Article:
Methods

Open, multicentric observational study with reference treatment, 90 patients treated with a standardised willow bark extract preparation, 41 patients with a standard therapy prescribed by a doctor and 8 patients with a combination of the two.

Patients

Adults aged between 50 and 75 with degenerative complaints of the major and minor joints. The inclusion criteria were coxarthrosis with hip pain diagnosed by a specialist or gonarthrosis with knee pain according to the statement of a specialist.

Intervention

The study medication used was a standardised dry extract of willow bark (DER 8-14:1 solvent ethanol 70% V/V). Film tablet containing 393.24 mg dry extract containing 60 mg salicin were administered 1– 2 tablets twice a day (equivalent to 120–240 mg salicin or 786.48–1572.96 mg dry extract).

Evaluation was performed after 3 and 6 weeks.

Primary endpoint(s)

Effectiveness and tolerance were determined by the doctor (clinical findings, recording of adverse events, global tolerance) and by the patients (WOMAC questions concerning pain and stiffness, questions on general state of health).

Secondary endpoints(s)

Undesirable effects of treatment.

Results

A total of 88 patients in the willow bark group and 40 patients in the reference group completed the study. The doctors’ and patients’ judged effectiveness in both groups to be comparable. After 6 weeks the effectiveness of the willow bark extract was better than conventional therapy. Also in de subgroup of chronically ill sick patients (43 months), after 6 weeks the effectiveness of both forms of treatment was comparable. However, the effect was slower to set in the willow bark group than in de reference group.

Adverse events

There were no side effects in the willow bark group, whereas one case of reflux occurred in the reference group and in the combination group.

Assessor’s comments:

The results of the study suggest that willow bark extract is as effective as conventional reference therapy in the treatment of degenerative complaints of the major and minor joints. However, the result of this study cannot be seen as conclusive because the trail was an open study with a limited number of patients.

Lardos et al. (2004) carried out a randomised double blind clinical trial with 60 patients (intention to treat) with hip or knee arthrosis. The study included 3 arms (N=17 diclofenac 150 mg per day; N=22 aqueous extract equivalent to 90 mg salicin per day; N=21 aqueous extract equivalent to 180 mg salicin per day). Inclusion and exclusion criteria are described. A 3 week wash-out period was followed by 3 weeks study period. No additional analgesics/NSAIDs were allowed during the study. Primary endpoint: pain on a 100 mm VAS and evaluation of physical function according to Steinbrocker. All 3 interventions statistically improved both endpoints after 3 weeks’ treatment (diclofenac > salicin 90 mg ~ salicin 180 mg). Dose-dependency in analgesic activity (willow bark arms) was not observed.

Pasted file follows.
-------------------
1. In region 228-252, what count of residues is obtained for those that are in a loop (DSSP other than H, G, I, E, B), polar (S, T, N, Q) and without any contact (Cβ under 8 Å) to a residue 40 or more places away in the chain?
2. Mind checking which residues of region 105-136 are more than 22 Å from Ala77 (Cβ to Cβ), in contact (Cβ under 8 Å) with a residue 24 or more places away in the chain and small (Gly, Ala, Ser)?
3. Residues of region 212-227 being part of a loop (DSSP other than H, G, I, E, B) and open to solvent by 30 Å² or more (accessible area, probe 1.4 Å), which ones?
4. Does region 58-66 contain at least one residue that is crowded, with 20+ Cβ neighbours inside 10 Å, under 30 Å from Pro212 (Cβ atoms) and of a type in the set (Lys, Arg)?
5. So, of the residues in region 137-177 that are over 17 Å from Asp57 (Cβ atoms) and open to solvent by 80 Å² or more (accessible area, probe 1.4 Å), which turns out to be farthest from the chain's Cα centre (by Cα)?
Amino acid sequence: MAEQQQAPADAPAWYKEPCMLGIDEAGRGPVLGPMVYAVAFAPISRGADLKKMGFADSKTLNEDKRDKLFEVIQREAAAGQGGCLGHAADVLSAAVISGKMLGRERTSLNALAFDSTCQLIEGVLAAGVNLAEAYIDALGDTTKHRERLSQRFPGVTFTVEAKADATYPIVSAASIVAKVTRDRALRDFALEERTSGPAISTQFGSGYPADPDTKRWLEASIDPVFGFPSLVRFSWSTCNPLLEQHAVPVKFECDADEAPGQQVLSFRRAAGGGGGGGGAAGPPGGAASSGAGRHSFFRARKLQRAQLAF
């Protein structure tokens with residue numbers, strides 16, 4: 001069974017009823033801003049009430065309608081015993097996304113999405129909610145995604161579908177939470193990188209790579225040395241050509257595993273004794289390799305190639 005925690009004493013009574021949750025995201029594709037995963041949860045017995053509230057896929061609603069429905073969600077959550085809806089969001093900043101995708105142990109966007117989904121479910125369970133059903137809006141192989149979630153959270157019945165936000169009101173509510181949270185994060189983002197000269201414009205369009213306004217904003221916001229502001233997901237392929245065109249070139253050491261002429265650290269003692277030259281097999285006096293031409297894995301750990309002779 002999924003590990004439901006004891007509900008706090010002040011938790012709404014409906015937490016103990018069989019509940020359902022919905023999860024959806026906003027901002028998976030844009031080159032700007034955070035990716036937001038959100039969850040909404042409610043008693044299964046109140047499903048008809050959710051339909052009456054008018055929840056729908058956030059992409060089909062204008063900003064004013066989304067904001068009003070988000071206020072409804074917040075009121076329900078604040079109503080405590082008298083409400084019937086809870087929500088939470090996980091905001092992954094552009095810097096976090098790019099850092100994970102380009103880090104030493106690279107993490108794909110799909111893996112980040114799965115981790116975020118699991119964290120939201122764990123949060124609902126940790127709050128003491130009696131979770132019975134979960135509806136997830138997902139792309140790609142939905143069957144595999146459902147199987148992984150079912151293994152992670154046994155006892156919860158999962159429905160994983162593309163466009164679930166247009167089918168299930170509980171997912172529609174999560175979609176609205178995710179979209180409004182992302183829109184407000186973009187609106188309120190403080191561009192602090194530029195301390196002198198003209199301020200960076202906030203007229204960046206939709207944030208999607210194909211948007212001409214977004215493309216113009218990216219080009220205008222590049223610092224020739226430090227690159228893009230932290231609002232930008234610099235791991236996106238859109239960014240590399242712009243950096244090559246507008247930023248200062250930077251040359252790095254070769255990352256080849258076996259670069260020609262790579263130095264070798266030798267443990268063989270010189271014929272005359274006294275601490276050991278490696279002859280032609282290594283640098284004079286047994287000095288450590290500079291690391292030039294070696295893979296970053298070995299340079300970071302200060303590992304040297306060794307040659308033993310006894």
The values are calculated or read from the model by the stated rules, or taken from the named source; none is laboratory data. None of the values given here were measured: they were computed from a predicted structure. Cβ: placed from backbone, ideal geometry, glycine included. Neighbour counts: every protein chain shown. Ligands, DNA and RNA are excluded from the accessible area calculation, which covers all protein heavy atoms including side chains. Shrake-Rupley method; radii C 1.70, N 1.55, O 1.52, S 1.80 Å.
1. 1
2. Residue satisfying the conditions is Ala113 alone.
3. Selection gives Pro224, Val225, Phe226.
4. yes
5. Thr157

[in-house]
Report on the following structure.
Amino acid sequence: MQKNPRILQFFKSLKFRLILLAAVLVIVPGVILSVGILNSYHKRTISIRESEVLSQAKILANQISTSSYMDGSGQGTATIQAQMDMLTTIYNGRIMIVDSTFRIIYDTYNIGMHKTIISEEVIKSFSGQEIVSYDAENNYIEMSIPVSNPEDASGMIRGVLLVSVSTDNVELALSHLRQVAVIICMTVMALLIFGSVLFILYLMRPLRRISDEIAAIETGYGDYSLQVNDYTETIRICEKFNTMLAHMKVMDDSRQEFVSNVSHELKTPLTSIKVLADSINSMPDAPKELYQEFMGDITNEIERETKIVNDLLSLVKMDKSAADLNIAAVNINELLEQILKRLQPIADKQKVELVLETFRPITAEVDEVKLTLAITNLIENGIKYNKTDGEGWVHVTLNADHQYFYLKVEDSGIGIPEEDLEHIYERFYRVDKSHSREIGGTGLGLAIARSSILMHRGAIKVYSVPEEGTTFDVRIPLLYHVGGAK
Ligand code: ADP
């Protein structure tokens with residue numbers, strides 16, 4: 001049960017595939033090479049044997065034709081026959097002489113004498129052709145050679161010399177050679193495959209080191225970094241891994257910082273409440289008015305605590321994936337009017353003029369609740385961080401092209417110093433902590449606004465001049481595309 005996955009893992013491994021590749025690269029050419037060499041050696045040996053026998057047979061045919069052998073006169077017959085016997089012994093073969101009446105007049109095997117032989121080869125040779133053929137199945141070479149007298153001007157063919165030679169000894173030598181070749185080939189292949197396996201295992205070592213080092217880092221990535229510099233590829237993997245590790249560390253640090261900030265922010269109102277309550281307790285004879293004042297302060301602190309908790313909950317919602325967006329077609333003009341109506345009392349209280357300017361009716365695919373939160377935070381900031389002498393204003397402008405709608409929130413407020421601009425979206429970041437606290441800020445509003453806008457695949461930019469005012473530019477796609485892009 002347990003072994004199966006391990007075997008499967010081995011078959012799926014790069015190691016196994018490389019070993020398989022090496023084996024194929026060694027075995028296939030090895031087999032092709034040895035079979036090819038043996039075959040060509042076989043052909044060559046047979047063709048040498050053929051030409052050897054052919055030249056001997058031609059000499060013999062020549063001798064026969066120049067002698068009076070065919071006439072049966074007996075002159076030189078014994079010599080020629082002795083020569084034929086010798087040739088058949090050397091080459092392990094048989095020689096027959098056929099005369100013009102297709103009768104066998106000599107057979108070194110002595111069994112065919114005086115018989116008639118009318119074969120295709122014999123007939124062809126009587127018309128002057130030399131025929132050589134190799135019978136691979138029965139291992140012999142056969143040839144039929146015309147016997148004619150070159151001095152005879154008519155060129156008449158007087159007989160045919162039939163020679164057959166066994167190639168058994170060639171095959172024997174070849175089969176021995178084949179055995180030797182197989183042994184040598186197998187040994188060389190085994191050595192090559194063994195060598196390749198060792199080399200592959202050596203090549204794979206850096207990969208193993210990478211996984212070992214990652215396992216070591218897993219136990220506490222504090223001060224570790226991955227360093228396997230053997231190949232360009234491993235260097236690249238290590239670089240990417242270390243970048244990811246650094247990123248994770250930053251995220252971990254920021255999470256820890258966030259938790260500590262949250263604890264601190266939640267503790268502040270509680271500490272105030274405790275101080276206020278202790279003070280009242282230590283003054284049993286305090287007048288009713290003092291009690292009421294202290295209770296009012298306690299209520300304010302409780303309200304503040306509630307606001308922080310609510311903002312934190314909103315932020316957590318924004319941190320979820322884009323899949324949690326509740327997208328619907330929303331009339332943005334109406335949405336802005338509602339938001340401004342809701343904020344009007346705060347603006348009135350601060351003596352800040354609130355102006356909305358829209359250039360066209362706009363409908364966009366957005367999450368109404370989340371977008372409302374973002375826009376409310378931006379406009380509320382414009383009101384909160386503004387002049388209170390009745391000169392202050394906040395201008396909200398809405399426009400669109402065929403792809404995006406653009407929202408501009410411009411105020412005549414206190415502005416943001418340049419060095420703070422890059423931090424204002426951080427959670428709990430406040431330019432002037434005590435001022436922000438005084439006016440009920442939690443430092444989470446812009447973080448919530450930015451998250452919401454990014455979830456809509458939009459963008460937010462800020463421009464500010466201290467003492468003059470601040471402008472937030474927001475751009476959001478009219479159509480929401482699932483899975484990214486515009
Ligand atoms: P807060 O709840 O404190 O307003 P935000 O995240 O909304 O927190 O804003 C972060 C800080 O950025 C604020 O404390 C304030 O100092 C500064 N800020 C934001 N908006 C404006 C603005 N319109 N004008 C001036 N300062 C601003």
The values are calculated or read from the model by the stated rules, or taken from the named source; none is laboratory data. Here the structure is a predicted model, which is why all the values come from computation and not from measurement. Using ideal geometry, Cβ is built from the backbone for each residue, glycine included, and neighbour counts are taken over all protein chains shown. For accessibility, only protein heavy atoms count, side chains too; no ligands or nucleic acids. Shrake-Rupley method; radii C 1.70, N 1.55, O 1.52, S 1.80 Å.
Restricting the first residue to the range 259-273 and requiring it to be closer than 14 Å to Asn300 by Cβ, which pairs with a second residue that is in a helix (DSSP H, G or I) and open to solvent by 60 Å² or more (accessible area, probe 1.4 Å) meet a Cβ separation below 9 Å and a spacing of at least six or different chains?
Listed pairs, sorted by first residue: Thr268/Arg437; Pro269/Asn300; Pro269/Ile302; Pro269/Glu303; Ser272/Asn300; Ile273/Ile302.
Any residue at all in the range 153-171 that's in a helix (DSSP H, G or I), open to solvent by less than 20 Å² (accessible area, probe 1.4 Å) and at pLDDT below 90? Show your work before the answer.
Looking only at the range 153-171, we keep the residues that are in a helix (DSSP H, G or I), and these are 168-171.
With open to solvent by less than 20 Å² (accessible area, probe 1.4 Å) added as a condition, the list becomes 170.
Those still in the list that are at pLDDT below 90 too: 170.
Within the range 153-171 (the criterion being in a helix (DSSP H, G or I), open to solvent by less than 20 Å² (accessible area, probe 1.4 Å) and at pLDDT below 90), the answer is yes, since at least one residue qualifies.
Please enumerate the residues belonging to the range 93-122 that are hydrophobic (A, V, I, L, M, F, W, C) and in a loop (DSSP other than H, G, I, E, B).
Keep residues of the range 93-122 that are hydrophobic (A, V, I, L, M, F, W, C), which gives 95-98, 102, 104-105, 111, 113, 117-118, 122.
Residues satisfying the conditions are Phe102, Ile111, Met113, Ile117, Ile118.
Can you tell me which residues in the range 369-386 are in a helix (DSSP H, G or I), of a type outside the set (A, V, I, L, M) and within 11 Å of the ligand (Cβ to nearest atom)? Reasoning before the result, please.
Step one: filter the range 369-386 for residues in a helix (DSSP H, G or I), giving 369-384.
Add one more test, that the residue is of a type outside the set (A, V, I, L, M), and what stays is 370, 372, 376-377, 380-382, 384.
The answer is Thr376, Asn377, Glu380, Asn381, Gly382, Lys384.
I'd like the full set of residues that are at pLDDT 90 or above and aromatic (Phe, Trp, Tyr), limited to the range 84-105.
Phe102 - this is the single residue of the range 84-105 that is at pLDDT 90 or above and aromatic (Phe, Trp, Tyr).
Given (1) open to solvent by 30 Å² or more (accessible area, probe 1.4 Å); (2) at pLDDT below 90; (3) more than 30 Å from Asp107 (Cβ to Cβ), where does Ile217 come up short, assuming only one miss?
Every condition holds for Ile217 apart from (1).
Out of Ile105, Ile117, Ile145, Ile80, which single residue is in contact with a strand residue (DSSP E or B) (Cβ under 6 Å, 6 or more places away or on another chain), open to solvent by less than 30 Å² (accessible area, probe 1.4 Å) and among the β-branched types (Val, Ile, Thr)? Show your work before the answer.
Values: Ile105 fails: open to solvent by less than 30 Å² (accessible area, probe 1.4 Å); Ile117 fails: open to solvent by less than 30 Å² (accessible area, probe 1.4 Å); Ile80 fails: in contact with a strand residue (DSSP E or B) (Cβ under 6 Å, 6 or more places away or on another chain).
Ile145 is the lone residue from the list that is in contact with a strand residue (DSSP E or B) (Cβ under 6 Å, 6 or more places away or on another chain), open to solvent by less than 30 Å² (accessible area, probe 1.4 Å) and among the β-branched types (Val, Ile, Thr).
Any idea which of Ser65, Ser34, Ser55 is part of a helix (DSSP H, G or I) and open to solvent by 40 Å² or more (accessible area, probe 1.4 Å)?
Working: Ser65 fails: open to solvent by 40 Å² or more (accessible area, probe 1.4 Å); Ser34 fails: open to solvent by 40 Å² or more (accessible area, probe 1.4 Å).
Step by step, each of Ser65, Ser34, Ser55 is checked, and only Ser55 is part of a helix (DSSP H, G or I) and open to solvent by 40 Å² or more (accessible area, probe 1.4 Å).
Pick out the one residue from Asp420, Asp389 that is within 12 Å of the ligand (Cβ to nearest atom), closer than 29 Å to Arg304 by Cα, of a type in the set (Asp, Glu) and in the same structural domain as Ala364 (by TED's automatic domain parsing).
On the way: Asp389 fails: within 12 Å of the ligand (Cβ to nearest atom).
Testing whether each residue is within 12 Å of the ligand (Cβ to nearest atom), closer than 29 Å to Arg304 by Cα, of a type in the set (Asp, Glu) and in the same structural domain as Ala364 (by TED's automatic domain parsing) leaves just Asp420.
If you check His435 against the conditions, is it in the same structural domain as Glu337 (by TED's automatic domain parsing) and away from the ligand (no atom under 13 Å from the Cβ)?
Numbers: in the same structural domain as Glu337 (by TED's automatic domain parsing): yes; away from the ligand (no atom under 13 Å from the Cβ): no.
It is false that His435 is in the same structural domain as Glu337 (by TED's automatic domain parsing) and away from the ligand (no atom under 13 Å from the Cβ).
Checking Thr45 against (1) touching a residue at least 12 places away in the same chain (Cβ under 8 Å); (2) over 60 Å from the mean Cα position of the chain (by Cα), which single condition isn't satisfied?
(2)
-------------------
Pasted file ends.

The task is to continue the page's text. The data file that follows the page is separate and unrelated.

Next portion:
Assessor’s comment:

The study indicates analgesic effects of an aqueous extract of willow bark in patients with arthrosis. The sample size is however small; the study is considered as a pilot study. The herbal preparation is not fully characterised (DER). Comparability of the 3 arms at baseline is difficult to interpret. No dose- dependency in effect could be observed.

An unpublished trial was provided by Poland. Samochowiec (2001) studied the efficacy of willow bark extract (in patients with arthrosis (knee or hip) in a double-blind, randomized controlled clinical trial during 3 weeks. Stage II and III (according to Kellgren) patients received either sodium diclofenac (3 x 50 mg daily, N= 17), Salix tablet (quantity extract, and equivalent salicin not known) + 2 placebo tablets per day (N=22), or 2 Salix tablets + 2 placebo tablets per day (N=20). The exact administration scheme is unclear. Analgesics and anti-inflammatory drugs were not allowed during the study. Baseline characteristics of the 3 groups (functional capacity according to Steinbrocker, subjective pain evaluation on VAS, stiffness etc. were fairly comparable. Primary and secondary endpoints are not clearly defined. All treatments significantly improved pain on VAS, pain during walking and walking downstairs on even surface, pain during passive and active motion, functional capacity and decreased impairment of daily activity. No significant differences between the 3 groups were observed. 1 patient withdrew (Salix) due to malaise. Gastroscopy and laboratory findings were not affected by any of the treatments.

Assessor’s comment:

The willow bark preparation is insufficiently characterized. It is not possible to evaluate the results in relation to the other clinical trials with willow bark. Patient numbers are rather small, and end points should be more clearly defined.

Werner, 2004. In a post-authorisation surveillance study on willow bark dry extract (8-14:1, ethanol 70%; daily doses equivalent to 120 or 240 mg total salicin), 922 physicians observed 4731 patients with chronic back pain or arthralgia after 3-4 weeks and after 6-8 weeks. Pain intensity was assessed (scale) and was decreased.

Assessor’s comment:

Full details of the post-authorisation study of Werner are missing, only an abstract was available.